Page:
About Andrew Jonathan Fine:
Andrew Jonathan Fine (1962 – ) was born in Haddon Heights, New Jersey, to a Conservative Jewish family. He started high school at 12, eventually graduating with a bachelor in electrical engineering and a master in computer science by the age of 23.
He married twice, the first time at the age of 27, and the second time at 40. During his late childhood to teen years his family fell apart due to both his parents being mentally ill, and to the illness and old age of his grandparents.
He is now a “retired mad scientist”, having worked as an embedded systems and applications software engineer for 15 years, but now having had to retire for health reasons.
But don’t feel too sorry for him! He and his current wife, Anna, in 2003 welcomed into the world their very beautiful and very bright little girl, Akira. They live in the Silver Valley of Northern Idaho, a wonderful place where Anna grew up and now shares with him, where he is finally happy.
He enjoys creating silver jewelry as a hobby in the summer, and sometimes indulges in creative writing indoors during the harsh Idaho winters.
His debut novel, “Alouette’s Song”, came together from scattered notes based on his experiences from the Jewish culture, his engineering background, and his abiding enjoyment of science fiction of various kinds, especially anime.
He looks to Piers Anthony and Catherine Asaro as his guides for writing.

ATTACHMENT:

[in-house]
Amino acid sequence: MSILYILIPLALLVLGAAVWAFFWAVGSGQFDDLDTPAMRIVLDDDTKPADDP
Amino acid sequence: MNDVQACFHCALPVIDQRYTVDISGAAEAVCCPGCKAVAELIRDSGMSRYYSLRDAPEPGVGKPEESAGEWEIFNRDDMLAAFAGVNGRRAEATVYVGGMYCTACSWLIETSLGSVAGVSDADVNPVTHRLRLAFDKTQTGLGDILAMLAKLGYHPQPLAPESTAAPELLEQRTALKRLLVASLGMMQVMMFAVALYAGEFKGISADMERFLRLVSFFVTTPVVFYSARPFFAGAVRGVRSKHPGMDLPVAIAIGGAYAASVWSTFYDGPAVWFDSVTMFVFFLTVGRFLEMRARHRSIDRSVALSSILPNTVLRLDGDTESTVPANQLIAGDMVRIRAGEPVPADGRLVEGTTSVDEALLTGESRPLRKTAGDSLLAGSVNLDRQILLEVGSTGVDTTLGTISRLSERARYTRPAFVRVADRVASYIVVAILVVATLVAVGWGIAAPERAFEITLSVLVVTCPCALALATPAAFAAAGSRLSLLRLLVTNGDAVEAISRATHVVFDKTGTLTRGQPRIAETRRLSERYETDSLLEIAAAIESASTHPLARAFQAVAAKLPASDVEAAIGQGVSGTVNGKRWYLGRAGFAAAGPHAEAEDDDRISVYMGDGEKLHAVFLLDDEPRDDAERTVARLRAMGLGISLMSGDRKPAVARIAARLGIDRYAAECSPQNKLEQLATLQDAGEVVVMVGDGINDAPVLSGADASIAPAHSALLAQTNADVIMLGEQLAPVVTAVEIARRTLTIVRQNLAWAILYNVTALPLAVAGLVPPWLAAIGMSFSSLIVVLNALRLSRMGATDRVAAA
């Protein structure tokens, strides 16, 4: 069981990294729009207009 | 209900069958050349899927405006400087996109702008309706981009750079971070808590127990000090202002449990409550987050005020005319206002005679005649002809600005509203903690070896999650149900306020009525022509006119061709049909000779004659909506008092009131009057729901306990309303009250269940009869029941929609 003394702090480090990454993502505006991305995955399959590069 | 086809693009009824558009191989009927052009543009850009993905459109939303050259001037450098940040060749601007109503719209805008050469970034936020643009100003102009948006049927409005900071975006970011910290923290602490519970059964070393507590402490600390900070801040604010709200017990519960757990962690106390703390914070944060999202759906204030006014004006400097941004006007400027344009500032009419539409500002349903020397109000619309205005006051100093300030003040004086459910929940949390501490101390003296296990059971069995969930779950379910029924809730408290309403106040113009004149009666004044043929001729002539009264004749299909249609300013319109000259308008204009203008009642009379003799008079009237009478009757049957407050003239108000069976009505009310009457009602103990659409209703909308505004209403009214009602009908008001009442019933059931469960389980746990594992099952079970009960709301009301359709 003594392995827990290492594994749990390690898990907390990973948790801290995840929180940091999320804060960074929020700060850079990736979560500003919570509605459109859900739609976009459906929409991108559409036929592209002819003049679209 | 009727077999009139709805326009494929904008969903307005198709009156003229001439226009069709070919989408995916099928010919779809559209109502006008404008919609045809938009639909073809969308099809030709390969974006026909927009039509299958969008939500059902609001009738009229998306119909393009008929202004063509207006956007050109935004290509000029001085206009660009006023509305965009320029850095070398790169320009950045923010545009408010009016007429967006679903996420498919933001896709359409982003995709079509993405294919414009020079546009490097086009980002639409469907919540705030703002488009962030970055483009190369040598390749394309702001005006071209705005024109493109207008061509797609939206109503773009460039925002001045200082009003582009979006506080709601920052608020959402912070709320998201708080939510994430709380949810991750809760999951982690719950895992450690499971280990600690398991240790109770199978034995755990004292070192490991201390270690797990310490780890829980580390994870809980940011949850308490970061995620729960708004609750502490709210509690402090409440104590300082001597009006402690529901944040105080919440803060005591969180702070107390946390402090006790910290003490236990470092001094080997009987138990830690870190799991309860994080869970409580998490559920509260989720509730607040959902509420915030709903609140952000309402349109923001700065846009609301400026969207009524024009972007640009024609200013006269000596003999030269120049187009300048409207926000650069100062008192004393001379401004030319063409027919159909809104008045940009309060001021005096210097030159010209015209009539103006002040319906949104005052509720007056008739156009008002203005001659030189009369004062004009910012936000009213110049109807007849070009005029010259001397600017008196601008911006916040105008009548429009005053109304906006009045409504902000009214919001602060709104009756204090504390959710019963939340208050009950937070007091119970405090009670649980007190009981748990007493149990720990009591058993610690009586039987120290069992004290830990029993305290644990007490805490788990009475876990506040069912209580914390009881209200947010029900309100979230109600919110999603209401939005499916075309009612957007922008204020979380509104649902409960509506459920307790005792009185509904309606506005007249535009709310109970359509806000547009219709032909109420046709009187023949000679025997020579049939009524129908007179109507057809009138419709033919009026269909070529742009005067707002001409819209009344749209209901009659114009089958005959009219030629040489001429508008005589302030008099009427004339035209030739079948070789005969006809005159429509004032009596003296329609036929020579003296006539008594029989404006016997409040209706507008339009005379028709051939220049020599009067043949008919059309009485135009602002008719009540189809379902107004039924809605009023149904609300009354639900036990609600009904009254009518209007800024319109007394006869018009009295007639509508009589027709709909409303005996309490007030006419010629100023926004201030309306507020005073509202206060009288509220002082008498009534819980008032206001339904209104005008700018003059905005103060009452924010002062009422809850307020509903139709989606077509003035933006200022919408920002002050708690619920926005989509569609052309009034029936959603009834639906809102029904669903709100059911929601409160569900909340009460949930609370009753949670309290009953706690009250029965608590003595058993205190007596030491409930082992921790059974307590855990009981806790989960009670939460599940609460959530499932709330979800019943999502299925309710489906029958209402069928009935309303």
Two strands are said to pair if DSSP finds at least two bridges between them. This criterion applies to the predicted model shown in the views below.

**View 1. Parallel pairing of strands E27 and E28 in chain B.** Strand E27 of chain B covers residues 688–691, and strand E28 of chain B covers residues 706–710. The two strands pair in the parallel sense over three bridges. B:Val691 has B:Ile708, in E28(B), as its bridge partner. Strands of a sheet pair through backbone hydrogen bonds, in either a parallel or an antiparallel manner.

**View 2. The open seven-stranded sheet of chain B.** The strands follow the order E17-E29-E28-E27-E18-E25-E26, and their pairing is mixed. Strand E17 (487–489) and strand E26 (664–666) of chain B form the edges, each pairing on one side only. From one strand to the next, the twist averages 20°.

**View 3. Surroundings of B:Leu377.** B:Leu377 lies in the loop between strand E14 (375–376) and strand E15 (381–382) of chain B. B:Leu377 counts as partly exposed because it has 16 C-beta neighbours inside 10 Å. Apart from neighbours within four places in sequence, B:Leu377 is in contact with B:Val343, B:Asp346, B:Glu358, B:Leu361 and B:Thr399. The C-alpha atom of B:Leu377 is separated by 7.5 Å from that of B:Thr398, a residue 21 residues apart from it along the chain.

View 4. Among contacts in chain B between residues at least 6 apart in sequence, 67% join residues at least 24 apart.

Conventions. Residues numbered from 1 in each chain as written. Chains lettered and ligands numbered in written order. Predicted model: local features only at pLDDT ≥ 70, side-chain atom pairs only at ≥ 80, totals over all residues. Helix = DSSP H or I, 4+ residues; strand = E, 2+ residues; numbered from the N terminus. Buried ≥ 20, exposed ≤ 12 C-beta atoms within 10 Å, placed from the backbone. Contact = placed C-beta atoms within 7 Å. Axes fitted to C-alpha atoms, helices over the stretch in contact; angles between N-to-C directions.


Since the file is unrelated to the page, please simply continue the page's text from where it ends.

What inspires you to write?
In short, my desire to leave a legacy regarding the full life I’ve been able to live regardless of having autism. I’m no longer able to obtain employment, but as long as I don’t ask for too much my disability income already covers all the basics. This allows me the time to do important things like love my wife, raise (and love) my daughter, and try my hand at creating various types of art, like writing (among other things like silversmithing, jewelry making, and cooking).
Tell us about your writing process.
I have a mix of techniques which seem to work together successfully.
1) I find revision control to be vital. This eliminates the need for me to create an outline. Basically when I add something major I create a copy and work on the copy. That way I can go back to a prior version if I mess up on my premises or imagery. It’s something I learned from software design and technical writing where I routinely use revision control software tools. What I do is imagine key scenes and write them down in approximate order as I imagine them. Then as bridges I imagine either narratives or other scenes to justify the ones immediately after them.
2) When I asked Piers Anthony for advice on how to write if I petered out after ten pages, he suggested I write ten page chapters. This combined with a technique by David Brin (Startide Rising) regarding the use of first person character narrators, works extremely well, because there’s only so much a character CAN say before your chapter must end. Then I have each character take up the thread where the previous one leaves off. It’s extremely effective.